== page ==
Linq row not found or changed

Error Message: Row not found or changed.
Stack Trace:
at System.Data.Linq.ChangeProcessor.SubmitChanges(ConflictMode failureMode) 
at System.Data.Linq.DataContext.SubmitChanges(ConflictMode failureMode)

This occurs seemingly randomly. I get emailed these errors, and the URL reported always seems to work for me and should be functioning for everyone else as well.

I can fix this error by:

  • Going to my dbml layout
  • Selecting every field in the table causing conflicts
  • Right click and set the property Update Check to Never

This seems to prevent these types of errors being thrown.

However, this is laborious to remember to keep doing whenever I make a chance to the dmbl, add new tables, etc. Is there a better way to solve this problem? I’m getting maybe 50-100 of these a day which is bad for my visitors.

Answers:

Thank you for visiting the Q&A section on Magenaut. Please note that all the answers may not help you solve the issue immediately. So please treat them as advisements. If you found the post helpful (or not), leave a comment & I’ll get back to you as soon as possible.

Method 1

I had same issue, and solved it by comparing dbml to db structure. One property wasn’t set to nullable, and that was causing the issue.

So check your dbml, and nullable properties.

Method 2

Every time I’ve seen this error, it means that something changed in the database between the time that I loaded the record/object/whatever and when I was trying to save it. Without fail, it was because my unit of work was too big.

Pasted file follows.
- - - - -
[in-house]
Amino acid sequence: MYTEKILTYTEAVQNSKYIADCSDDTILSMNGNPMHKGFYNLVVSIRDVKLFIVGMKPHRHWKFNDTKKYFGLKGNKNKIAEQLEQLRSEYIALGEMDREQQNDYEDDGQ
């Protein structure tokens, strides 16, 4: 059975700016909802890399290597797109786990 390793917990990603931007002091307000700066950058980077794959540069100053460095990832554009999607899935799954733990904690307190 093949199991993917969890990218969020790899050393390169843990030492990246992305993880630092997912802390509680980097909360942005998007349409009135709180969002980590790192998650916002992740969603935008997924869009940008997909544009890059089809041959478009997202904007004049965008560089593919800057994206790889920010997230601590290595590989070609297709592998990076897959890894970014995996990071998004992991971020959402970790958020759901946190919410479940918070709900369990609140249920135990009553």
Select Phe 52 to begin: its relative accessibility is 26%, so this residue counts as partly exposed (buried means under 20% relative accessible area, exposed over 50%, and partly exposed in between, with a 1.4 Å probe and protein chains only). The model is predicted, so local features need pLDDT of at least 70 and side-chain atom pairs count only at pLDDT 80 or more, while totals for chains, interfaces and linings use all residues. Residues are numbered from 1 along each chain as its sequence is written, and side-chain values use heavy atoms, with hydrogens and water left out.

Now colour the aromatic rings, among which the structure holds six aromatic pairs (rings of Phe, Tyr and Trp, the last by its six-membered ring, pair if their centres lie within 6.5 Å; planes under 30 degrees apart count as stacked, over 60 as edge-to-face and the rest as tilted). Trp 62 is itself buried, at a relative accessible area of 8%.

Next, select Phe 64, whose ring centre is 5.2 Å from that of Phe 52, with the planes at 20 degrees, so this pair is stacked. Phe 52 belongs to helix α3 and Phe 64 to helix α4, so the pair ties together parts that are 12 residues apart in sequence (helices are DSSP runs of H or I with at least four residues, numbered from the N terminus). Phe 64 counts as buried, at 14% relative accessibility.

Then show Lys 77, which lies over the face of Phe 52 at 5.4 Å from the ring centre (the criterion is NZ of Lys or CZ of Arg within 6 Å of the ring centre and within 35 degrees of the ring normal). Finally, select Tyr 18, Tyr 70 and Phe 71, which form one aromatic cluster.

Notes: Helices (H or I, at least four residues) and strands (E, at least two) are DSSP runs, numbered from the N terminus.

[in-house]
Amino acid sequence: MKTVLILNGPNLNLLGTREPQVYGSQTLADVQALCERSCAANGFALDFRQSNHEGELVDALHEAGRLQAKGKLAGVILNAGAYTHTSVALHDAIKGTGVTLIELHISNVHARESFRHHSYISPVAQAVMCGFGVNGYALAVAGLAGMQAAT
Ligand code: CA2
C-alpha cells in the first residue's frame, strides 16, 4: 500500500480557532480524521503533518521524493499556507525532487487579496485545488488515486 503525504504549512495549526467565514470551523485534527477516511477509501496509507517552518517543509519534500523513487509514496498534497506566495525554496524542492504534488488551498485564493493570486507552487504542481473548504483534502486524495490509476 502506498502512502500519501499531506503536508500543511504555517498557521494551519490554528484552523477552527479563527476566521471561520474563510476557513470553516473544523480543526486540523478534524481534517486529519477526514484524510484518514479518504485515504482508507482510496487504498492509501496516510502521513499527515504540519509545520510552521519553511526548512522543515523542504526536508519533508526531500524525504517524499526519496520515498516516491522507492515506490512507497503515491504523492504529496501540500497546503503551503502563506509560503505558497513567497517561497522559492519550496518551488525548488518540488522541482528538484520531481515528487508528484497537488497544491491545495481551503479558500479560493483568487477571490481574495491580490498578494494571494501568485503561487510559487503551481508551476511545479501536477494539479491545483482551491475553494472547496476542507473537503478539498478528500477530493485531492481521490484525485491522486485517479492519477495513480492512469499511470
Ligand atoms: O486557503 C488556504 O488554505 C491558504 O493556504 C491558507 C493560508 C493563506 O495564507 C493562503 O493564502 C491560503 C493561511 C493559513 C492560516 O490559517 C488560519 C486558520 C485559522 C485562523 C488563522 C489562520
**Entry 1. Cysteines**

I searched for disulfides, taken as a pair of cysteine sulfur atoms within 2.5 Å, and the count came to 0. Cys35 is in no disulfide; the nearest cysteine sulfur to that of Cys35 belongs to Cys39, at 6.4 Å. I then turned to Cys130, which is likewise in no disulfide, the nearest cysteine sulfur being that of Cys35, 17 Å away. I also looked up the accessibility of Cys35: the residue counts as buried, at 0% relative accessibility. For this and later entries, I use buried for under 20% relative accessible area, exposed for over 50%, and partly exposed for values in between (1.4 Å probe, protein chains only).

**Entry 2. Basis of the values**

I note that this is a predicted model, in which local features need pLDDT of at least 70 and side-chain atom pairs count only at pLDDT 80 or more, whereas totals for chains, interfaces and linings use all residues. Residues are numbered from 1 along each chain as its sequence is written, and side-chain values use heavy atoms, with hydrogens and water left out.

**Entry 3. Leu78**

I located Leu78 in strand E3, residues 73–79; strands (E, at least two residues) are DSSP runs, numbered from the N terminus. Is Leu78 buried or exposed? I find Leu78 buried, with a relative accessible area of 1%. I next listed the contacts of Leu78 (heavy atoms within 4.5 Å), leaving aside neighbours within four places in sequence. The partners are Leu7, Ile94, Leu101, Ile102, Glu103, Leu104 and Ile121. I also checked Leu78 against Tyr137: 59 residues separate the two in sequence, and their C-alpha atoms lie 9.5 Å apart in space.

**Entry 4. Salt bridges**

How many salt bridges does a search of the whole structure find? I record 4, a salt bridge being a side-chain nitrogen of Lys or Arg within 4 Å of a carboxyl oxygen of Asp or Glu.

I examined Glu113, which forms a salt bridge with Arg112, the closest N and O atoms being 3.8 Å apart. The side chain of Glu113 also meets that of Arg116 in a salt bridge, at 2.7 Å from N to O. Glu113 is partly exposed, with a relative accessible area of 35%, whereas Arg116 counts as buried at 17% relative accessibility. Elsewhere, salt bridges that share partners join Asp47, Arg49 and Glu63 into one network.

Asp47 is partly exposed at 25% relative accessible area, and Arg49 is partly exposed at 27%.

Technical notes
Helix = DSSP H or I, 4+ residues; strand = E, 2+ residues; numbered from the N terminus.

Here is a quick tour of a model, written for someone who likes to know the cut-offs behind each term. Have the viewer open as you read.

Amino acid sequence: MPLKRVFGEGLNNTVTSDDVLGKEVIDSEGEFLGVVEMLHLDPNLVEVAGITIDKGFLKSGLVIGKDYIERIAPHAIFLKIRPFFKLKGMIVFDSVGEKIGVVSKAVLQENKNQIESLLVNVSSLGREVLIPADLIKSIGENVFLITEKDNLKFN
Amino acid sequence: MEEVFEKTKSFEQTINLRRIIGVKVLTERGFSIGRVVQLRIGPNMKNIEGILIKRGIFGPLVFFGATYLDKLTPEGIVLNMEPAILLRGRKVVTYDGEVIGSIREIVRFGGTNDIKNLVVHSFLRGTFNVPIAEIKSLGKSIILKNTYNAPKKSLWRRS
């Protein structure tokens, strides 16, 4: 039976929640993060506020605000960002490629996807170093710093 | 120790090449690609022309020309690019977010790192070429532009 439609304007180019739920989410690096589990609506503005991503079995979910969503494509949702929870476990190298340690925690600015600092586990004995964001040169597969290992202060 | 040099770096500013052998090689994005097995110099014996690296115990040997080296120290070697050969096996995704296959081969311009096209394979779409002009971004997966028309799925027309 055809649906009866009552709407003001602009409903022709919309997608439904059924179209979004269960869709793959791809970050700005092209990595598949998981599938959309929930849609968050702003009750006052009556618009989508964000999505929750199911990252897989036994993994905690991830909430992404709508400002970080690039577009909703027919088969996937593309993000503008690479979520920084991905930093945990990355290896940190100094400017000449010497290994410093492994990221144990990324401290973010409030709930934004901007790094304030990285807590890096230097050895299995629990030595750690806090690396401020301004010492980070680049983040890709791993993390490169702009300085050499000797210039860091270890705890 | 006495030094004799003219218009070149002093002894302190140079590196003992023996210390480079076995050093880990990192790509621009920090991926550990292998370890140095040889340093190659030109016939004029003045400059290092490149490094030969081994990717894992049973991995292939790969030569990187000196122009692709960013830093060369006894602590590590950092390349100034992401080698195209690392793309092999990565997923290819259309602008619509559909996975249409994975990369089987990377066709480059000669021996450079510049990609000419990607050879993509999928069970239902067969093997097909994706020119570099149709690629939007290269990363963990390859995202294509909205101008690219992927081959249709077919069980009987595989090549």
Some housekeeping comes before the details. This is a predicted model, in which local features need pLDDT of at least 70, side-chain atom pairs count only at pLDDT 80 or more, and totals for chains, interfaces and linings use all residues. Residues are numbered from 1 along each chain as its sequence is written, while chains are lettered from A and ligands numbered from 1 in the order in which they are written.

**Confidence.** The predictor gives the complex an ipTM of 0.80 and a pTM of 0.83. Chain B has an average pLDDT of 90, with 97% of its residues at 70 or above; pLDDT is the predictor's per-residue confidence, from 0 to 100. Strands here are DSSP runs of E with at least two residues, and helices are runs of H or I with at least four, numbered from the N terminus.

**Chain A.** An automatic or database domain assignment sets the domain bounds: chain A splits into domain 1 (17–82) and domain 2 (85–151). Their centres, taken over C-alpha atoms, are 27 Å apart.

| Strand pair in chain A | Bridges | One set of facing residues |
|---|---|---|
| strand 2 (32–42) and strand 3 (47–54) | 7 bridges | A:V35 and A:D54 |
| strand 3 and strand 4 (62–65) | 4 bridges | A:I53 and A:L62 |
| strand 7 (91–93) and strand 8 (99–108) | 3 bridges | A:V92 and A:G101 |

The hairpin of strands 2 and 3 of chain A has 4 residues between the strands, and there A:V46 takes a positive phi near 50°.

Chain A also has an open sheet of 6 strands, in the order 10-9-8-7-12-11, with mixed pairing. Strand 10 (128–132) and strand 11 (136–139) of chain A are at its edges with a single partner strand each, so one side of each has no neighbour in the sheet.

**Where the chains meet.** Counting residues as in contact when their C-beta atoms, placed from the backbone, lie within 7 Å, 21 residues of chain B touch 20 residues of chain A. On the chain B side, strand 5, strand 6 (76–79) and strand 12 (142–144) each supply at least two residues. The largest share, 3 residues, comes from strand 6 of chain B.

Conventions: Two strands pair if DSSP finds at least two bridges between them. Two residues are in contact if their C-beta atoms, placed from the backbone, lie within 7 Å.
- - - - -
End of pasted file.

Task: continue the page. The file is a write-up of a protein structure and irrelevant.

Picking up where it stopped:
I don’t know the exact nature of your application, but I’m assuming you are creating a data context, loading a record or list of records, performing some operations on it, chewing up some time and processor cycles, and then at the end trying to save the modified data back to the database. Maybe even loading an instance of a record/object and storing it in a class variable for a while, and then at the end of a page load or thread or whatever trying to save back anything that changed. The problem is that because LINQ stored a copy of that, that is the copy it wants to update. If the underlying data changes in the meantime, it gets mad.

Ask yourself this, what if you put a locking transaction on your data for the whole lifetime of your objects. Say anything you loaded any may modify, nobody else would be allowed to touch it during that time. Basically that is the assumption here. Granted, LINQ is a little more optimistic about it, no sense in locking the row or table if you may never be updating the data, but you think through those problems. Ask yourself what would break or slow down significantly if you were to put strict transactional locks on your objects, and that will probably point you to the offending code.

My solution to this is to keep my unit of work as small as possible. Don’t load the object and use that as your working copy and store it back to the database, all in one context. Instead, load the object and pull out the info you need in one step, then figure out the changes you need to apply, and then load/update/save the object. Sure it causes more round trips to the database, but gives you a better assurance that you are working with the latest copy of data. It will still be “last in, wins”, meaning that if someone made an update while you were working with the data it may be lost, but that is always a risk unless you lock the record with a transaction. However, it does buy you the flexiblity that if someone else is modifying unrelated fields in the same row, you both can operate on that data together.

Method 3

GetTable().Attach(newEntity, originalEntity);

If you’re not using a version field to update, The above method parameterize new details and old details entities, if the original entity is changed at this point you’ll still get the same error, this is up to you to ensure. This works like a charm, i’ve tried it.

Method 4